Shatti anticipates that the IMF and the World Bank will continue to lower estimates for the continent's overall growth rate, which is currently projected at 2.5 percent for 2009. Countries across the continent have also experienced striking increases in account deficits, which has put already impoverished populations in an increasingly vulnerable state. Shatti expressed concern that this may affect infant mortality rates and education.

To ensure that Africa does not regress from its current growth pattern, African countries must procure access to money to maintain balanced budgets, argued Shatti. The International Development Association, a part of the World Bank that helps the world's poorest countries, and other rich-country donors have raised soft money contributions for Africa while the International Bank for Reconstruction and Development has borrowed additional money from markets to give to African countries such as Mauritius, South Africa, and Botswana. The World Bank has worked with international leaders and multilateral organizations to provide support for African countries, and has provided additional assistance through the Infrastructure Crisis and the Trade Financing Facilities.

The World Bank has also discouraged the U.S. and Europe from adopting certain policies detrimental to African economies, said Shatti. For example, public ownership of U.S. and European banks may disadvantage Africa, as will the growing tide of protectionism in developed countries. These trends, if they continue, will keep African countries from further integrating themselves into the global market.

The central question of economic development in Africa is not whether or not African countries should embed themselves in the global economy, but rather in what way they should approach the process of integration, said Lavelle. The best approaches involve financial innovations and regulations that allow African countries to enter the global market without all capital flows having to be funneled through the state. The World Bank created a commendable project in the 1990's developing emerging market funds to allow degrees of private and governmental access to funds, explained Lavelle. She added that African countries could benefit from increased regional economic integration, which requires building infrastructure and addressing tariff issues that restrict the flow of goods within the continent.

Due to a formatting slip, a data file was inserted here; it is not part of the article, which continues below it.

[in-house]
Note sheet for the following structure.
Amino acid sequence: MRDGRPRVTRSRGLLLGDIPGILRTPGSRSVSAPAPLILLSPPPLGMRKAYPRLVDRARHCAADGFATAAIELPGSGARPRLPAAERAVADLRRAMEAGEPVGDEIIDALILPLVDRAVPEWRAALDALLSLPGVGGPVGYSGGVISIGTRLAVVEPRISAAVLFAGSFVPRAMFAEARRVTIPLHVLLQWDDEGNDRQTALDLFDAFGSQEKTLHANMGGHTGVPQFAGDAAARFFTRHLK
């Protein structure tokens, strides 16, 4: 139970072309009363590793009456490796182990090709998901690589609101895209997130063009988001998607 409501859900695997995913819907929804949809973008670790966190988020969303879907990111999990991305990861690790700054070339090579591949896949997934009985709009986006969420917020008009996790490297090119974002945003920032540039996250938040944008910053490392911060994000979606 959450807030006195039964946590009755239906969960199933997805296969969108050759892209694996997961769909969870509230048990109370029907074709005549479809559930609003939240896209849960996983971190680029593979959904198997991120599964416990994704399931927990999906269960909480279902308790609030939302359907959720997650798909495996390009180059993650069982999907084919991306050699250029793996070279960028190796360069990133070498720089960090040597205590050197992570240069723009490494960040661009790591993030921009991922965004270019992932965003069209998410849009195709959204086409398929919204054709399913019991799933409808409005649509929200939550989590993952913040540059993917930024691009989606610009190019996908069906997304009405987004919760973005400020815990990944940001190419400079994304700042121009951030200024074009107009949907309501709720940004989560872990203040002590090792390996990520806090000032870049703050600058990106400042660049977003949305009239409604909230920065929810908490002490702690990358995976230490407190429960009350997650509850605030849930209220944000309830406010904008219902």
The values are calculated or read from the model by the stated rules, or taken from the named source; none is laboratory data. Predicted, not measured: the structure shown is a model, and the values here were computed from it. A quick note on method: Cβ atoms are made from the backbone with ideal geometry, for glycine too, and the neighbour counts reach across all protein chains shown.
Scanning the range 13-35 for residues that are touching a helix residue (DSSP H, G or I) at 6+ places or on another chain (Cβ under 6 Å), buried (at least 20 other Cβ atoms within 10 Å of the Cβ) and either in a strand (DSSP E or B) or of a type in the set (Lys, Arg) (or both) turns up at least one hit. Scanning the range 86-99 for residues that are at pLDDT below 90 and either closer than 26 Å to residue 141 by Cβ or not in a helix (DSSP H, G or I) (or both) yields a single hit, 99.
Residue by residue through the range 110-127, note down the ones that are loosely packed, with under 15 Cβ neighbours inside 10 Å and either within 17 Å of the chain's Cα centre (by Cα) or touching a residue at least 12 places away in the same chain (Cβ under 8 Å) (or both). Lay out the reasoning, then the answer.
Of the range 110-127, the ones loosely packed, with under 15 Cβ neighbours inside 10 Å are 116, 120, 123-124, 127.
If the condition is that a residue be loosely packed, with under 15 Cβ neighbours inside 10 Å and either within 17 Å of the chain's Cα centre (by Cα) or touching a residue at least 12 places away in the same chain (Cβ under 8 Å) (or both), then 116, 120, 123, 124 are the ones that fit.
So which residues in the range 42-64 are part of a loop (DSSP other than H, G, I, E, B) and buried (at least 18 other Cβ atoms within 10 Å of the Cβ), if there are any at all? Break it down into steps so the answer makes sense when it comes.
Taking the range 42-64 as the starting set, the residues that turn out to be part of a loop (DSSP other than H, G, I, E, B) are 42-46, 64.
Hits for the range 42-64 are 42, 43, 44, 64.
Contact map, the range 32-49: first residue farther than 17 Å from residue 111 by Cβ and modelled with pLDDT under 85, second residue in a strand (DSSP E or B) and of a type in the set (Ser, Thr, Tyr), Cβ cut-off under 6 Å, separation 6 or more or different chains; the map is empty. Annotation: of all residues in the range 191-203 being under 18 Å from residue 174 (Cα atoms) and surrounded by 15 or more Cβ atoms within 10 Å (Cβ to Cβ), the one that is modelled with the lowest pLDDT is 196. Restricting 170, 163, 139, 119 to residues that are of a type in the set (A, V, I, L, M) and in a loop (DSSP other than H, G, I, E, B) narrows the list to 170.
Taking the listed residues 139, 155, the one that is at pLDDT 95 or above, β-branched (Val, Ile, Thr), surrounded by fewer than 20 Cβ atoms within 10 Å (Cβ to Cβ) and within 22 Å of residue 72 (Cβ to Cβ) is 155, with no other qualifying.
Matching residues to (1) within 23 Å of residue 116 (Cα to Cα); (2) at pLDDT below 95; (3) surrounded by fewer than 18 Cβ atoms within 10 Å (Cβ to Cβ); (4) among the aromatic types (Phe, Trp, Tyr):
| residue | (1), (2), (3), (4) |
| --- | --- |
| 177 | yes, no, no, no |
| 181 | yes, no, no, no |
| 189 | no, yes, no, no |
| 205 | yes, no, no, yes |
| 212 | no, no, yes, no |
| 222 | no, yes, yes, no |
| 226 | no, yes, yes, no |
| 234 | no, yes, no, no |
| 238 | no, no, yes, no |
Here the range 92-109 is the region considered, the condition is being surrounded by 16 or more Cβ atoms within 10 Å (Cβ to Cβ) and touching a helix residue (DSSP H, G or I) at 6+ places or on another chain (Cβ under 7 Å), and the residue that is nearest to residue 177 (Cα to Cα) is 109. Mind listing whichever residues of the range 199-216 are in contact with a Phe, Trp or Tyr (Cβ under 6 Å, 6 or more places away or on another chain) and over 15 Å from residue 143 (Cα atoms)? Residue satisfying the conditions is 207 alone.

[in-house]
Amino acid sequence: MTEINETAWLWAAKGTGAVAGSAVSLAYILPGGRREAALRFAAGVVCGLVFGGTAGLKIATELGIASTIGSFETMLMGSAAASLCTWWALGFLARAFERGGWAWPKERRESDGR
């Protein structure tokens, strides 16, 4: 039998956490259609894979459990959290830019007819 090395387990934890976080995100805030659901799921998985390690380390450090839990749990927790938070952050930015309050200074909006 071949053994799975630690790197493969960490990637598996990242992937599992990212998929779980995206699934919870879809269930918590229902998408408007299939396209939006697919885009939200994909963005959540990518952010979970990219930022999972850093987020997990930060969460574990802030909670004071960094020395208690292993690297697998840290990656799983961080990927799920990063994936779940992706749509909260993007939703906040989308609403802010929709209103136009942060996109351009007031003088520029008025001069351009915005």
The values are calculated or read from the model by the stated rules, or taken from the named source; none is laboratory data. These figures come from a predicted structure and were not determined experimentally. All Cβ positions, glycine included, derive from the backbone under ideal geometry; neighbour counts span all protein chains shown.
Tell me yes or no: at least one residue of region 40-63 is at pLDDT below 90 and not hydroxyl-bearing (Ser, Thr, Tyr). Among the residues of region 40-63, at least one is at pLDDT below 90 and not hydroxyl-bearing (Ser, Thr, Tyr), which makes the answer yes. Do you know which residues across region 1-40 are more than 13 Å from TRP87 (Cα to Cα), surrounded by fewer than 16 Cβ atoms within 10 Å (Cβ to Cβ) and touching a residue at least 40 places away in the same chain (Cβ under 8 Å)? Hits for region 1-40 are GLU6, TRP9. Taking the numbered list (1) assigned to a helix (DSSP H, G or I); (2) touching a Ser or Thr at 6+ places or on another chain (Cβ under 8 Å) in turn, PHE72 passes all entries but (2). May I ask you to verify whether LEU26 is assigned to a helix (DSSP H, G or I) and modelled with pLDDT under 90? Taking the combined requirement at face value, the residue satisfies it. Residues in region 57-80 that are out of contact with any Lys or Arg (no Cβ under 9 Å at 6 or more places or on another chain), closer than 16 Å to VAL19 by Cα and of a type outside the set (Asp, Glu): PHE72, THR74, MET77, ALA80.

Shatti suggested that lower commodity prices may in some ways benefit mineral-rich countries. Because current prices diminish incentives to sell minerals on the global market, countries in the Great Lakes region have the opportunity to focus on the underlying social and political causes of resource-fueled conflicts. Countries can also re-evaluate how to efficiently and productively manage their resources, which they have not achieved to their fullest potential in the past, he added. He also argued that low productivity could be rectified by better governance and economic decision-making at the national level, pointing out that Botswana and Malaysia were able to improve their economies over the last several decades by addressing problems of governance.

Markets for agricultural products present several challenges for African farmers, said Tutwiler. Low food prices yield low profits, which are reduced even further by inefficiencies due to a lack of modern technology. She added however, that a recent global confluence of factors - including speculative prices, droughts, and a seven-year decline in stocks – all contributed to a sharp increase in food prices.

Drafted by Erika Rao, Intern, Africa Program
Edited by Justine Lindemann, Program Assistant, Africa Program
David Klaus, Consulting Director, Wilson Center on the Hill Program